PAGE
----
Rich and Happy

May 11, 2013
Posted by Jay Livingston
Cross posted (in edited form) at Sociological Images
In America I saw the freest and most enlightened men placed in the happiest circumstances that the world affords, yet it seemed to me as if a cloud habitually hung upon their brow, and I thought them serious and almost sad, even in their pleasures.
    DeTocqueville, Democracy In America, Book II, Chapter 13 
Mo money, mo problems  
    Notorious B.I.G.
Forty years ago Richard Easterlin proposed the paradox that people in wealthier countries were no happier than those in less wealthy countries.  Subsequent research on money and happiness brought modifications and variations, notably that within a single country, while for the poor, more money meant fewer problems, for the wealthier people – those with enough or a bit more – enough is enough.  Increasing your income from $100,000 to $200,000 isn’t going to make you happier.  

It was nice to hear researchers singing the same lyrics we’ll soon be hearing in commencement speeches and that you hear in Sunday sermons and pop songs, both the earnest (“The best things in life are free”) or ironic (“Money, it's a gas / Grab that cash with both hands / And make a stash” sounds anything but joyful).  But this moral has a sour-grapes taste; it’s a comforting fable we nonwealthy tell ourselves all the while suspecting that it probably isn’t true.

A recent Brookings paper by Betsey Stevenson and Justin Wolfers (here) confirms that suspicion.  Looking at comparisons among countries and within countries, they find that when it comes to happiness, you can never be too rich.


Stevenson and Wolfers also find no “satiation point,” some amount where happiness levels off despite increases in income.  They provide US data from a 2007 Gallup survey.


The data are pretty convincing.  Even as you go from rich to very rich, the proportion of “very satisfied” keeps increasing.*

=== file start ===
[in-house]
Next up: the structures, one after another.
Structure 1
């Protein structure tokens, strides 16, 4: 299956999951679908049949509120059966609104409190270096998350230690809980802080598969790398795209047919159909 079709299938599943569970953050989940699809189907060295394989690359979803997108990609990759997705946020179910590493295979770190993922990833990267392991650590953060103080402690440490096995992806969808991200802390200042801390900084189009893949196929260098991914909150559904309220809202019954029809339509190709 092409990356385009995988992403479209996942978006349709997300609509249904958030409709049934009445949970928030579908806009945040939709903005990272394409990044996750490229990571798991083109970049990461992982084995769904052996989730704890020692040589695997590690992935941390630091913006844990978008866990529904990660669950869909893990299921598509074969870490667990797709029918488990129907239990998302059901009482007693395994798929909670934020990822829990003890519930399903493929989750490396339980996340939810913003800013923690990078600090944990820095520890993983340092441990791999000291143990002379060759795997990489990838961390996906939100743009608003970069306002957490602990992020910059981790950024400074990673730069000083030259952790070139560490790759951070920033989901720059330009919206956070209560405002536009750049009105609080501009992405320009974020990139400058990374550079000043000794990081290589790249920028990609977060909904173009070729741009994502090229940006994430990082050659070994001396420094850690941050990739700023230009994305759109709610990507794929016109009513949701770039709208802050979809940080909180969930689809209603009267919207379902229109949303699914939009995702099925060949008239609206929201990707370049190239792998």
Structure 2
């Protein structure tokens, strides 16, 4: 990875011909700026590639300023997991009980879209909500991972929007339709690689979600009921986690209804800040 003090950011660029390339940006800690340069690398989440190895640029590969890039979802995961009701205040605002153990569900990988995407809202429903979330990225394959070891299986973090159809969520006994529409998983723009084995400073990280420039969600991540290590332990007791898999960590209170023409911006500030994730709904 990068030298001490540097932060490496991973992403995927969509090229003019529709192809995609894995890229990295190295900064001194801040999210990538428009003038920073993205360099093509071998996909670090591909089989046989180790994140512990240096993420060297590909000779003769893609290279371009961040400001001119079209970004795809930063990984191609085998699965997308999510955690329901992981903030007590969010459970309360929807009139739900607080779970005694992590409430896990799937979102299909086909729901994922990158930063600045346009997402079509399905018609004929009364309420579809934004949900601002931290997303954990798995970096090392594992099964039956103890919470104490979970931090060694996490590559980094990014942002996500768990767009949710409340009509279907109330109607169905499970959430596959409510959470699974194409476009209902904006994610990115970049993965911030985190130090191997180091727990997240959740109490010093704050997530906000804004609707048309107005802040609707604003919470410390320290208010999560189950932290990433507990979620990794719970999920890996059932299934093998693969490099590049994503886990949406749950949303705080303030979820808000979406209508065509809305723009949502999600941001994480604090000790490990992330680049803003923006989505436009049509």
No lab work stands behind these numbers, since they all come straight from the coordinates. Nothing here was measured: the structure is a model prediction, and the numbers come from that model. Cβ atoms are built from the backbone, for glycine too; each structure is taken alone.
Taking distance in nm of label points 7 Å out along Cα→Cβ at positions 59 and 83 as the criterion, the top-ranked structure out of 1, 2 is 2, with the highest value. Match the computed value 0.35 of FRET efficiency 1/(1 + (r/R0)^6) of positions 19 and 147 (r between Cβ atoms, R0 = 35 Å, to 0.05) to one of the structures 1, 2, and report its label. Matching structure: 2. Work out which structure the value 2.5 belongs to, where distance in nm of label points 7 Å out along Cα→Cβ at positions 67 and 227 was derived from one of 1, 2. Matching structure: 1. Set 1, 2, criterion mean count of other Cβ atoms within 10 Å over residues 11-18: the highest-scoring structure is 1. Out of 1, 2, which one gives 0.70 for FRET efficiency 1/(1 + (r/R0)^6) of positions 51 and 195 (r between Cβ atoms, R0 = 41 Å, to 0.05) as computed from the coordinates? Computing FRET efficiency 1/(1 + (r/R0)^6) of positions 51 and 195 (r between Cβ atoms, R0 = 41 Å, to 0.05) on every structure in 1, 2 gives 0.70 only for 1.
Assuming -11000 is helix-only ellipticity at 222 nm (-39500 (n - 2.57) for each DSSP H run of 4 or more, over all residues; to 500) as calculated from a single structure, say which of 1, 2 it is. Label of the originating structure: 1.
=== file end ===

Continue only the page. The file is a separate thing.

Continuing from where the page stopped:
Did Biggie and Alexis get it wrong? 

Around the time that the Stevenson-Wolfers study was getting attention in the world beyond Brookings, I was having lunch with a friend who sometimes chats with higher ups at places like hedge funds and Goldman Sachs.  He hears wheeler dealers complaining about their bonuses. “I only got ten bucks.”  Stevenson and Wolfers would predict that this guy’s happiness would be off the charts given the extra $10 million.  But he does not sound like a happy master of the universe.** 

I haven’t read Robert Frank’s Richistan, but the New York Times review had this to say: “If  Richistan is travel journalism, then . . . do we want to go there? Not much. The people sound dreadful and not very happy, to boot.”

I think that the difference is more than just the clash of anecdotal and systematic evidence.  It’s about defining and measuring happiness.  The Stevenson-Wolfers paper uses measures of “life satisfaction.”  Some surveys ask people to place themselves on a ladder according to “how you feel about your life.”  Others ask
All things considered, how satisfied are you with your life as a whole these days?
The GSS uses happy instead of satisfied, but the effect is the same
Taken all together, how would you say things are these days - would you say that you are very happy, pretty happy, or not too happy?
When people hear these questions, they may think about their lives in a broader context and compare themselves to a wider segment of humanity.  I imagine that Goldman trader griping about his “ten bucks.”  He was probably thinking of the guy down the hall who got twelve.  But when the survey researcher asks him where he is on that ladder, he may take a more global view and recognize that he has little cause for complaint.  Yet moment to moment during the day, he may look anything but happy.  There’s a difference between “affect” and life satisfaction. 

Measuring affect is much more difficult – one method requires that people log in several times a day to report how they’re feeling at that moment – but the correlation with income is weaker. 

In any case, it’s nice to know that the rich are benefitting from getting richer.  We can stop worrying about their being sad even in their wealthy pleasure and turn our attention elsewhere.  We got 99 problems, but the rich ain’t one.

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* Sample size in the stratosphere might be a problem.  As the authors footnote, “While 100 percent of those reporting annual incomes over $500,000 are in the top bucket of ‘very happy’, there are only 8 individuals in this category.” I suspect that bucket is a Cupertino and that they intended it to be bracket.  But bucket is a much more colorful metaphor.

** In Tom Wolfe’s Bonfire of the vanities (1987), the yuppie bond traders appropriated the Mattel action figure title to refer to themselves.  And they were not being entirely facetious.  Wolfe does research for his fiction – he was a first a journalist, then a novelist – and I suspect that in this use of MOTU he was reporting, not inventing. 

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